Article

Homologous Recombination Mediates Functional Recovery of Dysferlin Deficiency following AAV5 Gene Transfer

Department of Pediatrics, The Ohio State University, Columbus, Ohio, United States of America.
PLoS ONE (Impact Factor: 3.53). 06/2012; 7(6):e39233. DOI: 10.1371/journal.pone.0039233
Source: PubMed

ABSTRACT The dysferlinopathies comprise a group of untreatable muscle disorders including limb girdle muscular dystrophy type 2B, Miyoshi myopathy, distal anterior compartment syndrome, and rigid spine syndrome. As with other forms of muscular dystrophy, adeno-associated virus (AAV) gene transfer is a particularly auspicious treatment strategy, however the size of the DYSF cDNA (6.5 kb) negates packaging into traditional AAV serotypes known to express well in muscle (i.e. rAAV1, 2, 6, 8, 9). Potential advantages of a full cDNA versus a mini-gene include: maintaining structural-functional protein domains, evading protein misfolding, and avoiding novel epitopes that could be immunogenic. AAV5 has demonstrated unique plasticity with regards to packaging capacity and recombination of virions containing homologous regions of cDNA inserts has been implicated in the generation of full-length transcripts. Herein we show for the first time in vivo that homologous recombination following AAV5.DYSF gene transfer leads to the production of full length transcript and protein. Moreover, gene transfer of full-length dysferlin protein in dysferlin deficient mice resulted in expression levels sufficient to correct functional deficits in the diaphragm and importantly in skeletal muscle membrane repair. Intravascular regional gene transfer through the femoral artery produced high levels of transduction and enabled targeting of specific muscle groups affected by the dysferlinopathies setting the stage for potential translation to clinical trials. We provide proof of principle that AAV5 mediated delivery of dysferlin is a highly promising strategy for treatment of dysferlinopathies and has far-reaching implications for the therapeutic delivery of other large genes.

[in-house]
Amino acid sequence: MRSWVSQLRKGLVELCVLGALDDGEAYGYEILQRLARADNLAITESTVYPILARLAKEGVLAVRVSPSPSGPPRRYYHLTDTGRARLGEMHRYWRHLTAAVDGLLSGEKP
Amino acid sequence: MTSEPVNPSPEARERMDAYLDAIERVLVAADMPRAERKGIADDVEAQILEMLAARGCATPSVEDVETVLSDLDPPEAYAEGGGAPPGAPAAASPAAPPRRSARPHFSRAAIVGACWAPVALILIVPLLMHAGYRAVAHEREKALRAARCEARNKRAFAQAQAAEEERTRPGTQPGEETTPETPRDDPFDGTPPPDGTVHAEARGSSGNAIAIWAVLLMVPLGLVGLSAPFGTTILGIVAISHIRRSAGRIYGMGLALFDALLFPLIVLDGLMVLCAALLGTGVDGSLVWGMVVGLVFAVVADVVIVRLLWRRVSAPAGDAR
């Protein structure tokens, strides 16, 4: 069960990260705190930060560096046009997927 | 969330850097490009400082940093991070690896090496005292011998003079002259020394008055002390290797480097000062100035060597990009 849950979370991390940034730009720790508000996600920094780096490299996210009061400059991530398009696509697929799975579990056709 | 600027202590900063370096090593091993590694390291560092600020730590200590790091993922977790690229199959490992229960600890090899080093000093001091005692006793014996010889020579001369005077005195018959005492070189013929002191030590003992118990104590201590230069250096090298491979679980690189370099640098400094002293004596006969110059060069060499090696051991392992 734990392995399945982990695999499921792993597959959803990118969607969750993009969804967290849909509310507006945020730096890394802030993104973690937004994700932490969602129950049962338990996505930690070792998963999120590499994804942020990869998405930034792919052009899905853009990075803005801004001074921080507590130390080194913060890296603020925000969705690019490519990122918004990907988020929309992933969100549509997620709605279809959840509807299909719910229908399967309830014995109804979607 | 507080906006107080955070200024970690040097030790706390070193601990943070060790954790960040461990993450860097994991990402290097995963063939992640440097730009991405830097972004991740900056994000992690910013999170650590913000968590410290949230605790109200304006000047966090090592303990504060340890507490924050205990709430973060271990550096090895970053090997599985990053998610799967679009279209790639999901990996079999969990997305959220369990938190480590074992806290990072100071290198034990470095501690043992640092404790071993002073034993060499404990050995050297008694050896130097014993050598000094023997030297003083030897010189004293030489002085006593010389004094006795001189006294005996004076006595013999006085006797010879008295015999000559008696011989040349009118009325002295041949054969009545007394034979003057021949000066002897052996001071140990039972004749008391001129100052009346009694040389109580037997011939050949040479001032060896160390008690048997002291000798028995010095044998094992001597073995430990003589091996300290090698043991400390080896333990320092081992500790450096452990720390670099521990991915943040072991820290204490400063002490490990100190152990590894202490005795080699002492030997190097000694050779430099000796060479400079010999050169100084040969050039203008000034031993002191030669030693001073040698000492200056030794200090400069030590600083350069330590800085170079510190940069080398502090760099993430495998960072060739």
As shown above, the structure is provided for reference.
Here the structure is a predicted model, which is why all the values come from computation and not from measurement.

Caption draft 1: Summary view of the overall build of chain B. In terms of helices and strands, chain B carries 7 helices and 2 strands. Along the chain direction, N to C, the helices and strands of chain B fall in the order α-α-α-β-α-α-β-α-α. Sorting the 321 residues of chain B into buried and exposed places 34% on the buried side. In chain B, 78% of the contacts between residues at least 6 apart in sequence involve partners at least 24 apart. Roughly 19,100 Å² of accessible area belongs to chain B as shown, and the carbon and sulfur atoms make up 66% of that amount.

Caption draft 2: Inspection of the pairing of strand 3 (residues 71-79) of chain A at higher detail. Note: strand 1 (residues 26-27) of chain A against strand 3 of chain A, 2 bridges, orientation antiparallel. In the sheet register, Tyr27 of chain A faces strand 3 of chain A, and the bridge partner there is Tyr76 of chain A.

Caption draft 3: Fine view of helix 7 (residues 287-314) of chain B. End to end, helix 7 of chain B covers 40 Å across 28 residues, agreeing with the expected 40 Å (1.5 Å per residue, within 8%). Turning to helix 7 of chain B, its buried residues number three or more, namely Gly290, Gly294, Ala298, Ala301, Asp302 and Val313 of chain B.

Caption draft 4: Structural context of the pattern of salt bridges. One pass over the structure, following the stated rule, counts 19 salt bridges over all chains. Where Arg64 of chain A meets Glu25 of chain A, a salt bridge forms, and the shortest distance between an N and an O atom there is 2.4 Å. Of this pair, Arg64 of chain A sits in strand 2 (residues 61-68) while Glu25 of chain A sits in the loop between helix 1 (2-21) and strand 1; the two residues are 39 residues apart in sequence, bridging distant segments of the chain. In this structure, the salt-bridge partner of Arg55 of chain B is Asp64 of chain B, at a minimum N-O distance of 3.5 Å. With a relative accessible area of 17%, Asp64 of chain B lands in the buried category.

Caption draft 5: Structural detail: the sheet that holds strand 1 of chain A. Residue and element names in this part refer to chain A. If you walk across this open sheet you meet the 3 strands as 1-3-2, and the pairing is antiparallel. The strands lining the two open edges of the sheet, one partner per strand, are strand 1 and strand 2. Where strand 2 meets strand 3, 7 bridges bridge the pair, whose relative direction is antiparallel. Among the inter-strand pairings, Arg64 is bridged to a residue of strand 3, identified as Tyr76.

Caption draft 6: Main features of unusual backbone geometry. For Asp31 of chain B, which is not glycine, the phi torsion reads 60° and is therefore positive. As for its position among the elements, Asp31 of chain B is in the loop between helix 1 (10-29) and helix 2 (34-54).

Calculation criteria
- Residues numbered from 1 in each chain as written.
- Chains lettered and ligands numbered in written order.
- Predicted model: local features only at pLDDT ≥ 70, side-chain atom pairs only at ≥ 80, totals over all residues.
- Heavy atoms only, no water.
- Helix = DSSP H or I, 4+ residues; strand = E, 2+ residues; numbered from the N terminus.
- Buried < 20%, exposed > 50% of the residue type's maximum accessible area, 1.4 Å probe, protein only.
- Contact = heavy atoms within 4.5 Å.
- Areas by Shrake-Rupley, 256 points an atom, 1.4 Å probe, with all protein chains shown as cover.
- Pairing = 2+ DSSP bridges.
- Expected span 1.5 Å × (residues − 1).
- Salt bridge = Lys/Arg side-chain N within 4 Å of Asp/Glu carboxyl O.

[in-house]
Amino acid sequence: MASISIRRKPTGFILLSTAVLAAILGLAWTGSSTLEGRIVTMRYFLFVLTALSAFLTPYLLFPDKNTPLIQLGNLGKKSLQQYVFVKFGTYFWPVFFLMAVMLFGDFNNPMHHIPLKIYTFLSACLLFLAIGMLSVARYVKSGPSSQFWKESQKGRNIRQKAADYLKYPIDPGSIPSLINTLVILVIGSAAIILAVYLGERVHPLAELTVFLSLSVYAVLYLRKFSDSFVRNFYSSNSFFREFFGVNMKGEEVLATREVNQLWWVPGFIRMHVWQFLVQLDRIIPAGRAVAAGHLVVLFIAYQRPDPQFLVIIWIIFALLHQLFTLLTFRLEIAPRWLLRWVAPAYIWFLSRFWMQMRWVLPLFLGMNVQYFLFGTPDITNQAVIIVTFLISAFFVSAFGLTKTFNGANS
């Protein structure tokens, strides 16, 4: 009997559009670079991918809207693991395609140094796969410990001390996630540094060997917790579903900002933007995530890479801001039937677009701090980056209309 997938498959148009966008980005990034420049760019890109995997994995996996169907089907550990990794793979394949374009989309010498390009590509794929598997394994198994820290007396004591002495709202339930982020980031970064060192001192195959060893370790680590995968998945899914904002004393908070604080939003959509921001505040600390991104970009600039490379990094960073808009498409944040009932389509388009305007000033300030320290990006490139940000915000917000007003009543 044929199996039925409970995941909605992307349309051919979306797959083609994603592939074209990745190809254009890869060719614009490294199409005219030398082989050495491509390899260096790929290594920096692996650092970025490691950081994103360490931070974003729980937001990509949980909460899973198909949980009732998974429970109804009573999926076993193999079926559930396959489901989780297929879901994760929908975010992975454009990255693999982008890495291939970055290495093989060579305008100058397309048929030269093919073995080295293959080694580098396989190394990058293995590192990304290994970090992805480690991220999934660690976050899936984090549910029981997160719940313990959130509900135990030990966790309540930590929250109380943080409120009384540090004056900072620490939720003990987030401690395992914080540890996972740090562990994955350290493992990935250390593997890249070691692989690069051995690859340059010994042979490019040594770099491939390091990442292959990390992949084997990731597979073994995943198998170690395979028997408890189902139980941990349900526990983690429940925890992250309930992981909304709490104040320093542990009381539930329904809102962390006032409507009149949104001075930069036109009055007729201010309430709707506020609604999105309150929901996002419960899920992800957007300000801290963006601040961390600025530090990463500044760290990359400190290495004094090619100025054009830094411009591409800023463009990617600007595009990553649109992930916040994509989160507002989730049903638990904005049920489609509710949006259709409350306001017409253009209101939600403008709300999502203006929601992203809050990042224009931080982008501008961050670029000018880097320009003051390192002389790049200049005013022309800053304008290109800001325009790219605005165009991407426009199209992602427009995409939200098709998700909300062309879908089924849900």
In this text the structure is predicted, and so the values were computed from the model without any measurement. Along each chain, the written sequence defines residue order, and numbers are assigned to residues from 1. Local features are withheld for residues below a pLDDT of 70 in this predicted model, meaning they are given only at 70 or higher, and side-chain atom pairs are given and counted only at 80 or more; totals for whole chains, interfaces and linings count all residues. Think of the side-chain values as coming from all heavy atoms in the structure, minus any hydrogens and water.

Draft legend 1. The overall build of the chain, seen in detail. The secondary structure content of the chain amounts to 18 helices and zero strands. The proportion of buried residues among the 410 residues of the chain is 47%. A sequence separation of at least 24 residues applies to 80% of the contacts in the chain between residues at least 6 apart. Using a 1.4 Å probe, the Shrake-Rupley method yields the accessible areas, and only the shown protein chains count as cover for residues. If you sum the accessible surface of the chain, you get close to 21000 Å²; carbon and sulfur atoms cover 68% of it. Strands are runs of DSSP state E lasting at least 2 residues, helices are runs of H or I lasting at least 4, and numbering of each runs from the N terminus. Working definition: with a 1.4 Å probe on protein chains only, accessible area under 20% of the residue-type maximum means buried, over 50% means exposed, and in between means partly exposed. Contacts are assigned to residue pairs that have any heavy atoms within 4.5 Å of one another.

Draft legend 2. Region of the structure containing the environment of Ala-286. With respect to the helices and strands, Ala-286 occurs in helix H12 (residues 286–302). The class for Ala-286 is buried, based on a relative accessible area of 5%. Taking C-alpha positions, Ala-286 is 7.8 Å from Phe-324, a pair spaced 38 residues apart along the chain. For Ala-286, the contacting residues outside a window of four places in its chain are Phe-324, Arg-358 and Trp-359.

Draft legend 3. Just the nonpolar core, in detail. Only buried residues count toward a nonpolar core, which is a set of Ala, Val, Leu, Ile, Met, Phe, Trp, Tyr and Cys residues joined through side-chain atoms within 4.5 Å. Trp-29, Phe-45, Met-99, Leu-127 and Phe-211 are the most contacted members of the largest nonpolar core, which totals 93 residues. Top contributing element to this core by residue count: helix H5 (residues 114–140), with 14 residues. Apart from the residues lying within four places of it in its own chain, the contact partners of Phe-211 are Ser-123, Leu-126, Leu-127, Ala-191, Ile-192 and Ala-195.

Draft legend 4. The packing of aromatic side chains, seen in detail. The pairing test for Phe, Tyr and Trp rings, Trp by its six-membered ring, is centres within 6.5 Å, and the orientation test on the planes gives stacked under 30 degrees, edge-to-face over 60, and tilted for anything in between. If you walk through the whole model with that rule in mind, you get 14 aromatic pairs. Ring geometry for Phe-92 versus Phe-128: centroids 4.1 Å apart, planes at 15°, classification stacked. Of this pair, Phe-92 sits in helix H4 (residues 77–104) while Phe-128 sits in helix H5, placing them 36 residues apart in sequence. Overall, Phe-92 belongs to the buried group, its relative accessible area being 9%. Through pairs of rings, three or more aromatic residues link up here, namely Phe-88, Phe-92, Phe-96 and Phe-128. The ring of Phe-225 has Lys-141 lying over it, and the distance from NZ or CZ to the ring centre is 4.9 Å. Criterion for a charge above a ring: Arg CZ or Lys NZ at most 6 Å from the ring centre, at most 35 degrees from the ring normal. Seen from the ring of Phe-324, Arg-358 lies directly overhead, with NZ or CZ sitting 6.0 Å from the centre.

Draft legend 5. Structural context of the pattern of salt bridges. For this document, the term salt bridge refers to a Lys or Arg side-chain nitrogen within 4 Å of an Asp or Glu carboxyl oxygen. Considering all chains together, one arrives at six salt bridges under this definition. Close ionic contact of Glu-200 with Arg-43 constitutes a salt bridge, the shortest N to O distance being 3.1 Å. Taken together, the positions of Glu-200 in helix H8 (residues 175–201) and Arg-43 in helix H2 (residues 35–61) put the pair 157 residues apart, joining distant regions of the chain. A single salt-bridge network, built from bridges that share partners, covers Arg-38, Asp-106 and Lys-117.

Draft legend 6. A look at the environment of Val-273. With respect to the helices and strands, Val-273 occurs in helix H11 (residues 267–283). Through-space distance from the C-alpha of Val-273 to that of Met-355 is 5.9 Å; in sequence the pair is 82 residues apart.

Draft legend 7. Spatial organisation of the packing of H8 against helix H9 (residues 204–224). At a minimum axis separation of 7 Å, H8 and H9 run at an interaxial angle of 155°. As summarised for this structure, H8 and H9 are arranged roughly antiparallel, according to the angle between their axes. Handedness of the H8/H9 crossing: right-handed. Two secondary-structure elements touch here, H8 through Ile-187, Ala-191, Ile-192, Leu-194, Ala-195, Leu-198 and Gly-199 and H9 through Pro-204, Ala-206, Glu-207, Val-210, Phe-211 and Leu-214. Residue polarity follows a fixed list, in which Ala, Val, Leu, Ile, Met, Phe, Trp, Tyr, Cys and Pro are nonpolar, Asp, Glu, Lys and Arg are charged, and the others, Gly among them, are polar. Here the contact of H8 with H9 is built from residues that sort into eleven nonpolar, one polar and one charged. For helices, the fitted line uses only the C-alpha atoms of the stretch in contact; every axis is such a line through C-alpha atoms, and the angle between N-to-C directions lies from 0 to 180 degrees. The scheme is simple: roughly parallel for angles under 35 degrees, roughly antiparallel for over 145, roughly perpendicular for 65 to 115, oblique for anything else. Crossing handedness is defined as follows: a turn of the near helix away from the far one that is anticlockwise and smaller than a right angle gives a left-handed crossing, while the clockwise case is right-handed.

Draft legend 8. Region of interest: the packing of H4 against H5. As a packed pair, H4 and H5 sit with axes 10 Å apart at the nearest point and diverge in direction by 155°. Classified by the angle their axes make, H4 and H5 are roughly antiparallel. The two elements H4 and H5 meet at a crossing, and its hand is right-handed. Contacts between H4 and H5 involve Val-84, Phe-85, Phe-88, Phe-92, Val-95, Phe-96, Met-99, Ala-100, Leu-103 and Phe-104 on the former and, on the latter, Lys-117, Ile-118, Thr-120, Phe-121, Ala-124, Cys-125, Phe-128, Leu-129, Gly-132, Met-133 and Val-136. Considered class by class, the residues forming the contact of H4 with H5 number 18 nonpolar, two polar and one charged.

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  • Gene and Cell Therapy: Therapeutic Mechanisms and Strategies, Fourth edited by Templeton, 01/2015: chapter 41; Taylor & Francis/CRC Press., ISBN: 978-1-4665-7199-0
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    ABSTRACT: Objective Dysferlinopathies are a family of untreatable muscle disorders caused by mutations in the dysferlin gene. Lack of dysferlin protein results in progressive dystrophy with chronic muscle fiber loss, inflammation, fat replacement, and fibrosis; leading to deteriorating muscle weakness. The objective of this work is to demonstrate efficient and safe restoration of dysferlin expression following gene therapy treatment.Methods Traditional gene therapy is restricted by the packaging capacity limit of adeno-associated virus (AAV), however, use of a dual vector strategy allows for delivery of over-sized genes, including dysferlin. The two vector system (AAV.DYSF.DV) packages the dysferlin cDNA utilizing AAV serotype rh.74 through the use of two discrete vectors defined by a 1 kb region of homology. Delivery of AAV.DYSF.DV via intramuscular and vascular delivery routes in dysferlin deficient mice and nonhuman primates was compared for efficiency and safety.ResultsTreated muscles were tested for dysferlin expression, overall muscle histology, and ability to repair following injury. High levels of dysferlin overexpression was shown for all muscle groups treated as well as restoration of functional outcome measures (membrane repair ability and diaphragm specific force) to wild-type levels. In primates, strong dysferlin expression was demonstrated with no safety concerns.InterpretationTreated muscles showed high levels of dysferlin expression with functional restoration with no evidence of toxicity or immune response providing proof of principle for translation to dysferlinopathy patients.
    03/2015; 2(3). DOI:10.1002/acn3.172
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